I shaved my head during quarantine and it was a total feminist power move

You should do it too!

When I left university to return home for quarantine, many of my friends finished their goodbyes with “please don’t do anything stupid to your hair!” As someone who is known for her three AM fringe cuts and at home box dyes, my friends feared for my hair’s wellbeing as I strapped in for six months with nothing to do. And for six days of quarantine, I actually managed not to make any major hair decisions. But by the time day seven rolled around, I could feel my fingers edging closer towards the razor. That day, I shaved my head.

My hair, pre-shave

The big chop

While this seems like a drastic thing to do, shaving my head has always been something I’ve wanted to try. Whether it was during a mid-exam breakdown or a fight with a boy, going totally bald always seemed like a real possibility for me. I knew that one day it had to be done. Spending six months inside with no one seeing me but my parents seemed like the right time if there was ever going to be one.

Immediately after the cut, I was elated. I felt lighter, both mentally and in terms of the weight now lifted from my head. This was closely followed by the realisation that this was not going to be undone by a quick trip to the hairdressers. I had strapped in to spend the next year or so growing my hair back out.

The photo I sent to my friends to let them know what I’d done

Bald is different – and beautiful!

I was surprised by the initial response from others, many of whom were girls, who commented that the choice was brave. I’ve never viewed my relationship with my hair as one that defined me. As dramatic as it sounds, this raised questions for me about who I was, the person I had been presenting to the people around me, and who I wanted to be now that my hair was gone. My hair was such a large part of who I thought I was even if I hadn’t realised it. It was honestly quite confronting to see myself without it.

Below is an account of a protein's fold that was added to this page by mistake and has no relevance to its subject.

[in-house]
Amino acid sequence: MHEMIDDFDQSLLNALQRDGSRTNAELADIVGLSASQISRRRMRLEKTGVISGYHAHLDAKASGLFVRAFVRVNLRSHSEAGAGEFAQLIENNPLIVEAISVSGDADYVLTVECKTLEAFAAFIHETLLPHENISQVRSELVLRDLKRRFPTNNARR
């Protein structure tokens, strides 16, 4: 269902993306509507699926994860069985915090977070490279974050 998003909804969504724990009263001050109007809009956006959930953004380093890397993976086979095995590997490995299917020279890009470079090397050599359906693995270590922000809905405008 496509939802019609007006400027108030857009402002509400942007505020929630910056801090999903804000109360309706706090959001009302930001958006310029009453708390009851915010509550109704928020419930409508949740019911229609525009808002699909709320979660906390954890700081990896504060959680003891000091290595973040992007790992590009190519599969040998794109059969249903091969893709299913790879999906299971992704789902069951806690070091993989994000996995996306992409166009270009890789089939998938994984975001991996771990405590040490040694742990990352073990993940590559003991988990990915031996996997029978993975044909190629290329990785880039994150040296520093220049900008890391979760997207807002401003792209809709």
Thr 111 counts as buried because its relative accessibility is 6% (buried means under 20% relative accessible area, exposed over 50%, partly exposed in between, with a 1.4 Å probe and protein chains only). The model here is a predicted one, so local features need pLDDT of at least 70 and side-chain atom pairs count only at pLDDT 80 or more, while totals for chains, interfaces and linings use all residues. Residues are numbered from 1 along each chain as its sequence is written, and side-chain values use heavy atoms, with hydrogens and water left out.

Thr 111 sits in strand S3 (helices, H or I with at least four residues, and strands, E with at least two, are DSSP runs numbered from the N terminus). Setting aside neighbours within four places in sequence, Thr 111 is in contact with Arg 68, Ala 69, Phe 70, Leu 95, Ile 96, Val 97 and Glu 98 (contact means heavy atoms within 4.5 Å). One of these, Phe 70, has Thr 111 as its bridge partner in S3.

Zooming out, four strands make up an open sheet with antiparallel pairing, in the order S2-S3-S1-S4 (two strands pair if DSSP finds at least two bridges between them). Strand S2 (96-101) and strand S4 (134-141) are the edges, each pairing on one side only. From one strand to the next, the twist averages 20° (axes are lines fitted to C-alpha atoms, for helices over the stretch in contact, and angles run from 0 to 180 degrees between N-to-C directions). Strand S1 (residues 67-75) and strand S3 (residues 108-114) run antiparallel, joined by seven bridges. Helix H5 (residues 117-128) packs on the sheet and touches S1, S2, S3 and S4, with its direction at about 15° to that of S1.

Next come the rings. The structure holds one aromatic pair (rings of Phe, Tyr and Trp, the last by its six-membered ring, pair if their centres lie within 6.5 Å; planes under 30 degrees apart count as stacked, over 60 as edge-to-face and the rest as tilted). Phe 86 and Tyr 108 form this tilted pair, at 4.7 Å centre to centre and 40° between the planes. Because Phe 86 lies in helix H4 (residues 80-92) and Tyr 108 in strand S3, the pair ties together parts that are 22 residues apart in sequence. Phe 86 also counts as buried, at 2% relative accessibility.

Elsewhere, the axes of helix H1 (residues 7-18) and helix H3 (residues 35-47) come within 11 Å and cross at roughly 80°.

The first post-shave selfie

I discovered that my hair was a huge symbol of my femininity and something that had affirmed my womanhood. It made me feel more solid in the feminine elements of my personality. For someone who often chooses to dress in a somewhat ‘androgynous’ way, even though I have never questioned my gender identity, I feel suddenly insecure in myself like I never had before.

So much of our collective expectation of beauty rest on a woman’s head, even if we don’t realise it. I wasn’t aware of how much my own sense of attractiveness and femininity rested on my hair until it was all gone. Changing my appearance even slightly to something that doesn’t fully align with what is widely accepted as “woman” really opened my eyes to how our physical presentation can affect how other people see us on the whole

Femininity and societies expectations

Although I hadn’t realised it, I had been using my hair to make myself into what society expected of me as a woman. I have never taken my hair very seriously, keeping it in what I called my “Pulp Fiction” cut. But it wasn’t until I had no hair left at all that I realised just how much this was controlling me.  I see now just how much of a security blanket hair can be for us. Right now, it is just me and my face against the world.

One comparison that was frequently made to my hair was that of Britney Spears, who shaved her head after leaving rehab in 2007. While many joked about this being my “breakdown haircut,” I started to wonder if her head shave was really a sign of a weak mental state. Maybe it was an attempt for her to take control of her own life and appearance?

My hair doesn’t define my femininity

These realisations helped me understand the power of women with a shaved head. After the shave, I became interested in seeing the women who came before me in shaving their heads, as well as the cultural significance this hair style has had. There have been many times throughout history in which a shaven head has been a form of punishment for women, including during the Salem witch trials, or obviously during the Holocaust.

The shaven head was actually reclaimed throughout the skinhead subculture in the 1960s (before the movement was taken over by racist and neo-Nazi groups) as well as during the feminist Riot-grrrls of the 1990s. People can make jokes about my shaved head but it’s come to mean more to me than an impulse haircut.

My hair after two months growth

While the connotations of a shaved head may not be as severe for me as they have been for others in the past, I feel proud of myself for joining the badass women who have come before me with this cut.

So, is it worth it?

Even though there have certainly been mixed reactions to my new hair, ranging from wild support to dramatic horror, I am so glad I made the choice to go bald even after so many years and close shaves.

Shaving my head has been hugely significant for me. What started out as a haircut has become a source of personal discovery and feminist empowerment.

Girls. Do it. You know you want to.